Current land tax rules in the Sunshine State mean owners pay tax at a rate of 0.45% for $1 million worth of Queensland property, yet an investor who has $1 million in properties split across states will only pay the equivalent of 0.05% in tax.

In a state budget update late last week, Queensland Treasurer Cameron Dick said interstate property speculators can claim the tax-free threshold and take advantage of lower land tax rates in multiple states.

"That means these investors can amass multi-state portfolios that fall below the land tax threshold in any single state," Mr Dick said.

"Queenslanders with their entire landholding in this state can end up paying more tax than these interstate investors.

"Young families in places like Logan and Ipswich face unfair competition from Sydney-based speculators who are flipping properties around the country at a furious rate."

Mr Dick said the intention is to close the loopholes for interstate investors whilst ensuring there are no land tax changes for Queenslanders who own land wholly within the state. 

Landholders who own land solely within Queensland can continue to access all available exemptions, such as the principal place of residence and primary production exemptions.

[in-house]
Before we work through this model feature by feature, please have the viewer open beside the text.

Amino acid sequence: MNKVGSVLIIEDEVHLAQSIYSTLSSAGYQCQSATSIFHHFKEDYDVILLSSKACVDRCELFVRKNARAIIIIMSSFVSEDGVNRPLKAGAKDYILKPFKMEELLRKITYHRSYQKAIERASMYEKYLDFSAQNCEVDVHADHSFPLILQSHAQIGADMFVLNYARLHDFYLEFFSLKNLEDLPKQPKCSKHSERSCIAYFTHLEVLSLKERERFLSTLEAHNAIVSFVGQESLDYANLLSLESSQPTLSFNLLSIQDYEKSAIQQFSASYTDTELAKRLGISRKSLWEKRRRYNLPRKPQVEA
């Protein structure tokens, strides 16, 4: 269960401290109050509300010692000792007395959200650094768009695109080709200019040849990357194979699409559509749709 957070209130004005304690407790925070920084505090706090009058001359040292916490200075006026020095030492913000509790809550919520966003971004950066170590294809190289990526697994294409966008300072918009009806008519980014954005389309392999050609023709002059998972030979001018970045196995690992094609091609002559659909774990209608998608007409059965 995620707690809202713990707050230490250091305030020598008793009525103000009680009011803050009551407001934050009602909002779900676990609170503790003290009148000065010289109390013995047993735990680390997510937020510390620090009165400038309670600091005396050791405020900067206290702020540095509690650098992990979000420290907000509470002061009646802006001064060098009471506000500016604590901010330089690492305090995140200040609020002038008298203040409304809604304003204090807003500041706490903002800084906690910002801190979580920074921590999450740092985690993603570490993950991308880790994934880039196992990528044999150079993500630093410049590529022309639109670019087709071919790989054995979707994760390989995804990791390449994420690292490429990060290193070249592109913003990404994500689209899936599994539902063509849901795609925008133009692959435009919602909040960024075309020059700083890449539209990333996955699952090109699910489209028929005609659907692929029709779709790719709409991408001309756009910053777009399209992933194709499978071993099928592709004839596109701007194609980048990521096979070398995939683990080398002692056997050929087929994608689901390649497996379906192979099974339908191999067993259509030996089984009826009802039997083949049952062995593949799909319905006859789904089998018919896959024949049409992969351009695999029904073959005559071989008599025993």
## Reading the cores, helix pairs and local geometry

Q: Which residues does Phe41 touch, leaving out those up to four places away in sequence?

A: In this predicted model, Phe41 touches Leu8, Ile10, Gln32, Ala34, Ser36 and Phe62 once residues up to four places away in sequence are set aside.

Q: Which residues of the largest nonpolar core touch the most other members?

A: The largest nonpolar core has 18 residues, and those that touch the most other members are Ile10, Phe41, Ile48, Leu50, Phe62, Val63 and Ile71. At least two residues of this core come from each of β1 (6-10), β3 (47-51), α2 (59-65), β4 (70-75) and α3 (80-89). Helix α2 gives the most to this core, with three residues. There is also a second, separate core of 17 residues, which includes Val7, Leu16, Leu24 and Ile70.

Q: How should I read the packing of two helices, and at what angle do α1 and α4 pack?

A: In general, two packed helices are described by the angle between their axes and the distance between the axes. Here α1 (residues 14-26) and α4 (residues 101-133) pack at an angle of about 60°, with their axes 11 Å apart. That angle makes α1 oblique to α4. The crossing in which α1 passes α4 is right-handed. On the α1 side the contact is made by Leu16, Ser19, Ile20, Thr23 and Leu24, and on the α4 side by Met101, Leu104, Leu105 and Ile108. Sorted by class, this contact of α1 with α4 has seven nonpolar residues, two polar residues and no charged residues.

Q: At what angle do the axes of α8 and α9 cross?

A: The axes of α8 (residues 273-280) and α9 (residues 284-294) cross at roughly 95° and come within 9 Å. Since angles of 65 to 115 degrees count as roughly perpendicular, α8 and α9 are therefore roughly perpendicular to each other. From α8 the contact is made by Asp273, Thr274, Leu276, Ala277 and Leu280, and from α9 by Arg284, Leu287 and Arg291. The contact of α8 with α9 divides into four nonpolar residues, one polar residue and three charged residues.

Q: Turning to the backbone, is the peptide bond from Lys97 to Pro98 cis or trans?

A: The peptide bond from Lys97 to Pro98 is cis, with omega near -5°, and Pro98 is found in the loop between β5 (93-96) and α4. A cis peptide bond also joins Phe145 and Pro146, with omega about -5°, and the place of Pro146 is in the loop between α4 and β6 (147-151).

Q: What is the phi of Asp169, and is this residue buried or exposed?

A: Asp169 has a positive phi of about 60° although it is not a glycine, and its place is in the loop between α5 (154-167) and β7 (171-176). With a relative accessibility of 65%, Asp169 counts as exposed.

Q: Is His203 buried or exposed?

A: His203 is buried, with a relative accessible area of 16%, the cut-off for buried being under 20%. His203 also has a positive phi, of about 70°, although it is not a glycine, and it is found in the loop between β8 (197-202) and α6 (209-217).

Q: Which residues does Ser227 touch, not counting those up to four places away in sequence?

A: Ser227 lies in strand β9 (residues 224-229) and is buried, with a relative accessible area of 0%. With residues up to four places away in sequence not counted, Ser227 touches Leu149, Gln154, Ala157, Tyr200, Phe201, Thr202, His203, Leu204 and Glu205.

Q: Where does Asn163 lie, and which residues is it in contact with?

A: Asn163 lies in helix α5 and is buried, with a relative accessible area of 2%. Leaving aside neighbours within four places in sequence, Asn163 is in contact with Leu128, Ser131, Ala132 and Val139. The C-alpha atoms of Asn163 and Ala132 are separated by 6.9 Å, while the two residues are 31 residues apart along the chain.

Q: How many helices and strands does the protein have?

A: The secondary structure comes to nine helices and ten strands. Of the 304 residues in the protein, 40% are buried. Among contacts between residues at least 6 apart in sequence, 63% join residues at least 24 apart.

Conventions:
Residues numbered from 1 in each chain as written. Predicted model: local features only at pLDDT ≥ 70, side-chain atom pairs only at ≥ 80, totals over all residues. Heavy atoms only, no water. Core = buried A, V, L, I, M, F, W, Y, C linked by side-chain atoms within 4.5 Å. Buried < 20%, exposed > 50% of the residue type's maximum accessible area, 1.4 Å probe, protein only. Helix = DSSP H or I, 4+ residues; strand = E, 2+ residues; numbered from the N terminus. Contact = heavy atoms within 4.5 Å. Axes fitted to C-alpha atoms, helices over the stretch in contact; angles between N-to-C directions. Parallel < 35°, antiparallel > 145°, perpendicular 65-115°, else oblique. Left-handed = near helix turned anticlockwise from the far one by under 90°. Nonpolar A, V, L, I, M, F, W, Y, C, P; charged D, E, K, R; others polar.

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REIQ labels the the regime a 'slap in the face'

Real Estate Institute of Queensland (REIQ) says the State Government's new land tax initiative is a 'slap in the face' to the very sector that is propping up the economy.

With the State Government pocketing soaring stamp duty revenue of $5.38bn in transfer revenue this financial year, REIQ CEO Antonia Mercorella said disappointingly the Government had not consulted with relevant property stakeholder groups on this new land tax regime.

“There is no other state or territory that takes this approach, and by treating property investors with contempt like this time and time again, investors may very well pull up stumps,” Ms Mercorella said.

“For those not scared off from investing in Queensland, and current investors brave enough to stick around, this tax will make their holding costs more expensive and the logical consequence of that is rent goes up."

Image by Brisbane Local Marketing via Unsplash.





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